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Separate School and Home Devices

Providing high quality devices for each student at school, as well as loaner devices they can take home

Overview

Bronx Arena provides each student with a new Macbook. While the initial upfront cost is high, the school sees two main benefits to these devices: 1) greater longevity and less maintenance costs over the life of the device, and 2) creating a “wow” factor for students. Every student attending Bronx Arena is there because other schools didn’t work out for them in some way. Providing them with a top of the line device sends a strong signal to students that Bronx Arena is invested in their success. Each student has their own device and gets to treat it like their own (adding stickers, changing backgrounds, etc); however, the devices must stay at school. There are high crime areas in the proximity of the school, and students taking expensive Macbooks home could become a safety issue.

Bronx Arena provides loaner devices for students who wish to take devices home. While a good percentage of students already have access at home, those that don’t can check out a Chromebook or older Macbook. To ensure at-home loaner devices are used productively, Bronx Arena has two requirements for students who take them home:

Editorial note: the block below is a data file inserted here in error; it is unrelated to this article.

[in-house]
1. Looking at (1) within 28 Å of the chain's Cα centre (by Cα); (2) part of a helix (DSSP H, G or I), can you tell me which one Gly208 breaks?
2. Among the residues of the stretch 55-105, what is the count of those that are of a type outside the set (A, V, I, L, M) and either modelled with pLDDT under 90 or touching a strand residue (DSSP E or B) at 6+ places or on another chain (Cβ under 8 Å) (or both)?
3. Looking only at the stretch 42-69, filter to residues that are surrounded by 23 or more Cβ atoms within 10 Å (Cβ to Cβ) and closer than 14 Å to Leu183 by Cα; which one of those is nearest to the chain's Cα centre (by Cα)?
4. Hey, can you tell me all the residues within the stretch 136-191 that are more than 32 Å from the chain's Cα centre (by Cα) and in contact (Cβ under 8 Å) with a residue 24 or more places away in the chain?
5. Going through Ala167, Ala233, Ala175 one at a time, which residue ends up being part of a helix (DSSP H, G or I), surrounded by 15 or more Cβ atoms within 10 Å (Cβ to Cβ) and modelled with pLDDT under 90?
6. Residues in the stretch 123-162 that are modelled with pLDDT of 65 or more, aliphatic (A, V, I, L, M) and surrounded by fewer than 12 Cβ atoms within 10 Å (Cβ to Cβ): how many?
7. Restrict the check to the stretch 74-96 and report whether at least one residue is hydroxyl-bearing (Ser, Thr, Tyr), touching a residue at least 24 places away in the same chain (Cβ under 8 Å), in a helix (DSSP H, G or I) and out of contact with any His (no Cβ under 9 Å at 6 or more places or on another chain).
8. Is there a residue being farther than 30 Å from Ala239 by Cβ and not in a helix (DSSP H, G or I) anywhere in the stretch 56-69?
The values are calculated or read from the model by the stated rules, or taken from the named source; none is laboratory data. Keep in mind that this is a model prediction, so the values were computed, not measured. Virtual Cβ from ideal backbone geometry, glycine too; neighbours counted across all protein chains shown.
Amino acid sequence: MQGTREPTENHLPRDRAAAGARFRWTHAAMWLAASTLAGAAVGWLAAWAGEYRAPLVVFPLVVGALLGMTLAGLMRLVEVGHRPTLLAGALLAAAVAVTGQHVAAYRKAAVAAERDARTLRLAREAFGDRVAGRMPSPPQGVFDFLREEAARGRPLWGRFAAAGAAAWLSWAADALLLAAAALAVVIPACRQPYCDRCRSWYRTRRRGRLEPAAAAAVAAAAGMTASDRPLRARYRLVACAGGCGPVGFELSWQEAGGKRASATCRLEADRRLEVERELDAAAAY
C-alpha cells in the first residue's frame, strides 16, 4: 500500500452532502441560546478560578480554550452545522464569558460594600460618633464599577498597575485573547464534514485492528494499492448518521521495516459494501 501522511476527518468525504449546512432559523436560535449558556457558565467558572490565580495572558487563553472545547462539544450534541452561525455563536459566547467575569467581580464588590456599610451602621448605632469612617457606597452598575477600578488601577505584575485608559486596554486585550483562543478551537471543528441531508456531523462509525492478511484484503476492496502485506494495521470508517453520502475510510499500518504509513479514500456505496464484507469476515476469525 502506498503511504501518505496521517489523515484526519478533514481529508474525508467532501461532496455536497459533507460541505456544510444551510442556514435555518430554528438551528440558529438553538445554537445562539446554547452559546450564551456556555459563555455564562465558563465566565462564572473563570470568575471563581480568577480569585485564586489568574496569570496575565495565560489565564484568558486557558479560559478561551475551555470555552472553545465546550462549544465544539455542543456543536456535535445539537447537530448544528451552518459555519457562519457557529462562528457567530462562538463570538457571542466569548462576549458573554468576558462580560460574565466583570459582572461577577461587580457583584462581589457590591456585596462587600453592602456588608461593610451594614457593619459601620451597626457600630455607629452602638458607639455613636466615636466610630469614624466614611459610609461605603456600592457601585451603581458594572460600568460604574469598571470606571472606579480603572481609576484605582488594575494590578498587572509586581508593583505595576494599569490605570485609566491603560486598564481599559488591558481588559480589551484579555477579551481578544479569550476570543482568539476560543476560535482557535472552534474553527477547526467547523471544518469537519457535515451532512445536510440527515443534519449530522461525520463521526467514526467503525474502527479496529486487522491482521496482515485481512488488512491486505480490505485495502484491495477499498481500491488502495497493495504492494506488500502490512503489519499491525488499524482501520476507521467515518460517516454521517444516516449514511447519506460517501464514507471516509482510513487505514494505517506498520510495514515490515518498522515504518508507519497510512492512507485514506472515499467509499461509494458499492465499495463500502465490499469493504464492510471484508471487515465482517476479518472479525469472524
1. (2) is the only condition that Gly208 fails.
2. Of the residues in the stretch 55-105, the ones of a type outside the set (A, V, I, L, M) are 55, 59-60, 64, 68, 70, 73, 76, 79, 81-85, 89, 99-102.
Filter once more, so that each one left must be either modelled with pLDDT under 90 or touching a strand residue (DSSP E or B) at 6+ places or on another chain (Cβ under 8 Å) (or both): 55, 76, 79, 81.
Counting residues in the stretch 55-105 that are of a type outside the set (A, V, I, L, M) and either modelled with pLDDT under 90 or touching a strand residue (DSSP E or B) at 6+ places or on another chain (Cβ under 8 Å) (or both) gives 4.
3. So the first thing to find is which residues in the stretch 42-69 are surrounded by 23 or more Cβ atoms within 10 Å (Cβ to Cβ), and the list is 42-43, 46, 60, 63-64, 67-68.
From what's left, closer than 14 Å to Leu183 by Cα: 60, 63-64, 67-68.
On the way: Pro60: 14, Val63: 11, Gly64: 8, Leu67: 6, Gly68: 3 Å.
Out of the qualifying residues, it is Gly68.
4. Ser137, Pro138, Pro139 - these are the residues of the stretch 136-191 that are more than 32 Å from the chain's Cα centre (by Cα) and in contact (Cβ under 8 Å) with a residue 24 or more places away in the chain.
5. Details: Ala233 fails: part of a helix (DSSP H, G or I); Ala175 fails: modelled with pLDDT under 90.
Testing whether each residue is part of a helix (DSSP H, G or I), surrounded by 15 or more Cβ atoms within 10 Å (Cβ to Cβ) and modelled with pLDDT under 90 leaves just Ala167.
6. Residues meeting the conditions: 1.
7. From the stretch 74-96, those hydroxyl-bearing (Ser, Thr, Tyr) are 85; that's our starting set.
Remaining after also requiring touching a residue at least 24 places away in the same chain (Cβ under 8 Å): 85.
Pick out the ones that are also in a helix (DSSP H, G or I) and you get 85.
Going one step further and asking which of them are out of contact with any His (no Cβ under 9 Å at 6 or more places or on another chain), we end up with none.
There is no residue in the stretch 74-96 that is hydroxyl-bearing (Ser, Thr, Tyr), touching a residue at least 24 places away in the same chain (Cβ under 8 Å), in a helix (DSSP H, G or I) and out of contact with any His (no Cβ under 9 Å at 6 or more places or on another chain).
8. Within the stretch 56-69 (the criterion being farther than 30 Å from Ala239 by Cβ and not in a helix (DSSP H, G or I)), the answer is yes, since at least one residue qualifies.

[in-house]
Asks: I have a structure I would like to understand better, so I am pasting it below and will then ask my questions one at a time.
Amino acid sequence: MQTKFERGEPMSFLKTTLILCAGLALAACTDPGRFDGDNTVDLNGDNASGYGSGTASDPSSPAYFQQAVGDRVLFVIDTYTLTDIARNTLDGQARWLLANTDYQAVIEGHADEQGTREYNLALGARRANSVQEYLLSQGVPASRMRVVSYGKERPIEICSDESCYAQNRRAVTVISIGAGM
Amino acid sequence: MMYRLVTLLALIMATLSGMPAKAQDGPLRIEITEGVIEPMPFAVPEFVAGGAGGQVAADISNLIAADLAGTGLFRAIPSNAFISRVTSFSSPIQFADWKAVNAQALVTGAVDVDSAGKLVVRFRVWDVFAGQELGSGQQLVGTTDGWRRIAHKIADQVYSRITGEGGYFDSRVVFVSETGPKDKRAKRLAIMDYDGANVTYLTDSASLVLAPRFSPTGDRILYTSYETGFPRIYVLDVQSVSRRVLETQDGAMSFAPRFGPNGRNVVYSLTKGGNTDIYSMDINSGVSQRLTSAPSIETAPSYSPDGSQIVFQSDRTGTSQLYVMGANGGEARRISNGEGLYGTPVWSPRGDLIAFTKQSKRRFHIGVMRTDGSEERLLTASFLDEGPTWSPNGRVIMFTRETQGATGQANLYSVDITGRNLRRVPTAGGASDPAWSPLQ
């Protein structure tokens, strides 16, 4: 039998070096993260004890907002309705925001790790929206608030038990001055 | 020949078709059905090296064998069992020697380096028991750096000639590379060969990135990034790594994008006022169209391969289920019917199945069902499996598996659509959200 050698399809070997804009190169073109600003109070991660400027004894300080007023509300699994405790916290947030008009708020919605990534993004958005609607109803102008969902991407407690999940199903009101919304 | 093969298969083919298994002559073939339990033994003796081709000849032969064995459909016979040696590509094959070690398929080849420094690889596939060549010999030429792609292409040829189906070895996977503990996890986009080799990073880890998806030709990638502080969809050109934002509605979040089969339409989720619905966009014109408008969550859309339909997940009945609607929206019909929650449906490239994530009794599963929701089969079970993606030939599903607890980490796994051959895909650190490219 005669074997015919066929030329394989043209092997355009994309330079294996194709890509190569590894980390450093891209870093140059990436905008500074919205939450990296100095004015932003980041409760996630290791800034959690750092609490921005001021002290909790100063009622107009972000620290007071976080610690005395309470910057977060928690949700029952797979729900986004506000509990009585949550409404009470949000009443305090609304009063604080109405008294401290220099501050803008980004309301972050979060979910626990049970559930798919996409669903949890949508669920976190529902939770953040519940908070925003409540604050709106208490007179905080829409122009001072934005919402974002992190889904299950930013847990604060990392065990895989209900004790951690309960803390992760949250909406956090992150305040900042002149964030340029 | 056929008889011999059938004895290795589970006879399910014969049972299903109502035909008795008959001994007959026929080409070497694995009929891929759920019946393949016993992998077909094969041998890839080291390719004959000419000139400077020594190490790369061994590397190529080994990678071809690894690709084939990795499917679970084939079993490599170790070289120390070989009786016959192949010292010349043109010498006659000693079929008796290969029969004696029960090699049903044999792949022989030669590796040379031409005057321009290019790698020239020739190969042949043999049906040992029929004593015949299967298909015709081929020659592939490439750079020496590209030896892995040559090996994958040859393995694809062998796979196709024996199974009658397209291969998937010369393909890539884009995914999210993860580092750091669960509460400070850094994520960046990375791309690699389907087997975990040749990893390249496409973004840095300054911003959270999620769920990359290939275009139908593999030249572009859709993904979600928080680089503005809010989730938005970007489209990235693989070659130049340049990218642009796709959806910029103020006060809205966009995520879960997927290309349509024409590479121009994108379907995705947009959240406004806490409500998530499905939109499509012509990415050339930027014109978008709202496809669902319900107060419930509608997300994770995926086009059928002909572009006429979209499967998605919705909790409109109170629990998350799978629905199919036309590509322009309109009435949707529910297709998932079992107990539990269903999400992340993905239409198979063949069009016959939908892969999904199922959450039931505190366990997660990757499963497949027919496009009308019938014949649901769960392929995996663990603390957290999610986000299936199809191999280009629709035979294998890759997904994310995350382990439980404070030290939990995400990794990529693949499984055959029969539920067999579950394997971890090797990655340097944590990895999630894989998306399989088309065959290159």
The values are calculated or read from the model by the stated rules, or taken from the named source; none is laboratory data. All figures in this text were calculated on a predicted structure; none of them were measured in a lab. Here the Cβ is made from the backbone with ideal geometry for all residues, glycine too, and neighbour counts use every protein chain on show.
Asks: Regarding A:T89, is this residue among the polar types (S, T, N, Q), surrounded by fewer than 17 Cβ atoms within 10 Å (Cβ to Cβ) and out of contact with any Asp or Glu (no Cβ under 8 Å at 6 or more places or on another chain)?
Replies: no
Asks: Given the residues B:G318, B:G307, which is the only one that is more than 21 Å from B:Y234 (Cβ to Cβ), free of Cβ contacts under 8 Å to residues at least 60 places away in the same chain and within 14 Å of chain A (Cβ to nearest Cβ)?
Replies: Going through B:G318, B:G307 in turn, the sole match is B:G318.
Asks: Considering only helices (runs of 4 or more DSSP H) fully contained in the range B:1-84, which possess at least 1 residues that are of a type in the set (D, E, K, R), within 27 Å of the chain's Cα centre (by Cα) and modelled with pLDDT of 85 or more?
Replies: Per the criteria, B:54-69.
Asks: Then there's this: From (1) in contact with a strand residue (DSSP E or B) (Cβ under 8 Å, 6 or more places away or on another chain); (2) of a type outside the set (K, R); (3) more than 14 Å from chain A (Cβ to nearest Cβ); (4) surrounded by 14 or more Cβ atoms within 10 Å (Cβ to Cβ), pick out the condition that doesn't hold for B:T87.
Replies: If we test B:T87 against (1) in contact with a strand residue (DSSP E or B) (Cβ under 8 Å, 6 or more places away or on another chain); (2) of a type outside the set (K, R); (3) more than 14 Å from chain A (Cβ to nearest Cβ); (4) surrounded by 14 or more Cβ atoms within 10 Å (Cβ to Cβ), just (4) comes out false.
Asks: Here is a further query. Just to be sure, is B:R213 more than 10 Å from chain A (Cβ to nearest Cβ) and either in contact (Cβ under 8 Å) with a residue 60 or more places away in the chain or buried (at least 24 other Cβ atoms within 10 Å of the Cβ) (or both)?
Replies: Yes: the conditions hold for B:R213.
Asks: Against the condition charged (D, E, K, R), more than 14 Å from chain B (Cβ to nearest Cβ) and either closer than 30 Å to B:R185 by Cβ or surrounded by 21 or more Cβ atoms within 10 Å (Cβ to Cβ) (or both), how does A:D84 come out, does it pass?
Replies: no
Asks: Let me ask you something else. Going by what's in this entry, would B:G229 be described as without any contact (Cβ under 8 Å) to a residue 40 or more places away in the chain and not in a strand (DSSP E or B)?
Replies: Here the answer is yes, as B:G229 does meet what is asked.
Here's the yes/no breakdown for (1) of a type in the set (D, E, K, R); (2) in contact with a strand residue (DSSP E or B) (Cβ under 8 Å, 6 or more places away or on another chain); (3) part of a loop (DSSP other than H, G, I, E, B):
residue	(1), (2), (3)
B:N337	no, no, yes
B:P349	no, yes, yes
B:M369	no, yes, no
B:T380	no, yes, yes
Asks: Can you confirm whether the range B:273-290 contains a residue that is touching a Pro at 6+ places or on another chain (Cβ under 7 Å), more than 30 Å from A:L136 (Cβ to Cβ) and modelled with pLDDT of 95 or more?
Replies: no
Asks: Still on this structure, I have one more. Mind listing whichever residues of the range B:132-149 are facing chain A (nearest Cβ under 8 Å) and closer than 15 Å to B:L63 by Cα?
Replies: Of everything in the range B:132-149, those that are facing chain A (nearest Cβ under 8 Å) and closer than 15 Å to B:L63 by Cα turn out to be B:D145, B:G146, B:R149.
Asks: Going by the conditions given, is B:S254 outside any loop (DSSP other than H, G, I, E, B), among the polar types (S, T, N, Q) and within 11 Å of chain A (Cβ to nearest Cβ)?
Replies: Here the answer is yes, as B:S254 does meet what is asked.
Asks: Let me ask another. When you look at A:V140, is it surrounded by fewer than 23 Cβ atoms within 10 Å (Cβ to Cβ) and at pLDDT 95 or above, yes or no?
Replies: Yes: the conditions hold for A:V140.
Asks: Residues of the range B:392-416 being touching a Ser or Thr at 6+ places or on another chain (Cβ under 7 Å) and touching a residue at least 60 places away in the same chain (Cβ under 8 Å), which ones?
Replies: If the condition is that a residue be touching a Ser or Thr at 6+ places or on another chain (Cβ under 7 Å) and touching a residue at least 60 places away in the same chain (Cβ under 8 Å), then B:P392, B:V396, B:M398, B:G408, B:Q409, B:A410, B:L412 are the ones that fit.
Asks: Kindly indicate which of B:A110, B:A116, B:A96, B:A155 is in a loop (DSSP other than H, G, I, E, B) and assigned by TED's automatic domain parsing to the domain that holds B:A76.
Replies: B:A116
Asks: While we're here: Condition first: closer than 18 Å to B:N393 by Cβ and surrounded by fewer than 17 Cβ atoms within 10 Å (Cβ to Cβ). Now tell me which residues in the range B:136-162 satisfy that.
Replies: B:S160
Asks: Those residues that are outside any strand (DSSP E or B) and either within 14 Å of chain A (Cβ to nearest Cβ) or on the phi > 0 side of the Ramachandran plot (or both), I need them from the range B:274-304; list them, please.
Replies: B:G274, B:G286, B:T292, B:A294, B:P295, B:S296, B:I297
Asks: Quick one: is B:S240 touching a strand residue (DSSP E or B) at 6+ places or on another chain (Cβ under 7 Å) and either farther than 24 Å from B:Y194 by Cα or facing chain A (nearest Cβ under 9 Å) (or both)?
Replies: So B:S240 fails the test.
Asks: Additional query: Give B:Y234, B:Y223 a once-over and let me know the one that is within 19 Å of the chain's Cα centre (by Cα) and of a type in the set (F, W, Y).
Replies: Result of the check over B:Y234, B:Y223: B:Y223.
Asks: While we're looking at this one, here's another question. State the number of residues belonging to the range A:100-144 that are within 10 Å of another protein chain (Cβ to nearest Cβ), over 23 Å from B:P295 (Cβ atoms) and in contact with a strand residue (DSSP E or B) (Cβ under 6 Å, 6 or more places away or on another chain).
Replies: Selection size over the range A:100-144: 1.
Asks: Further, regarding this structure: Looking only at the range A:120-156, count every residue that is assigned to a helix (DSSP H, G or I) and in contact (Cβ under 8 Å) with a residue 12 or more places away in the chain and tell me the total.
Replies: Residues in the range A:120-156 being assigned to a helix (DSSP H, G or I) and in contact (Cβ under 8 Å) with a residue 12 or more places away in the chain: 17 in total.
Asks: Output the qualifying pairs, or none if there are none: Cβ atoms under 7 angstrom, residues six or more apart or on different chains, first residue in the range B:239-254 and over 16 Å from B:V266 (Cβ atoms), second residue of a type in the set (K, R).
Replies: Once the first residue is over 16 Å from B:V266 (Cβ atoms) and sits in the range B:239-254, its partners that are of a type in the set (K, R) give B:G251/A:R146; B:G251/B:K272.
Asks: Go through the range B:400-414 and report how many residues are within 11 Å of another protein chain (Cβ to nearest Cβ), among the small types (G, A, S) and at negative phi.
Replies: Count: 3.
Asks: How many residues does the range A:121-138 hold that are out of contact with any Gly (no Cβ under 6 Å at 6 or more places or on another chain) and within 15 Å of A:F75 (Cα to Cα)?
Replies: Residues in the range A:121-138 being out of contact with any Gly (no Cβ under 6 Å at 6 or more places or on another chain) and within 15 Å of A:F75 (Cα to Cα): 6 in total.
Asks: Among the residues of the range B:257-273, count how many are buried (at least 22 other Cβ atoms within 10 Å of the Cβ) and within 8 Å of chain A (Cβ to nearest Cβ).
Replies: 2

1. Students demonstrate a clear learning goal connected to using their device at home. This usually requires the student to meet with a teacher and discuss what sort of work they plan to do at home. This helps the teacher and student identify which work would be best suited for asynchronous at-home learning, and which work would be best to do in school with teacher support.
  2. Students must meet Bronx Arena’s productivity benchmark. Bronx Arena recommends that students should complete five learning tasks a day, helping them monitor their productivity. These tasks are tracked, and students who are completing less than this amount, on average, are not able to check out devices. This benchmark provides an early indicator for students needing instructional supports and interventions from school staff, and at-home independent learning is rarely the best fit for these students.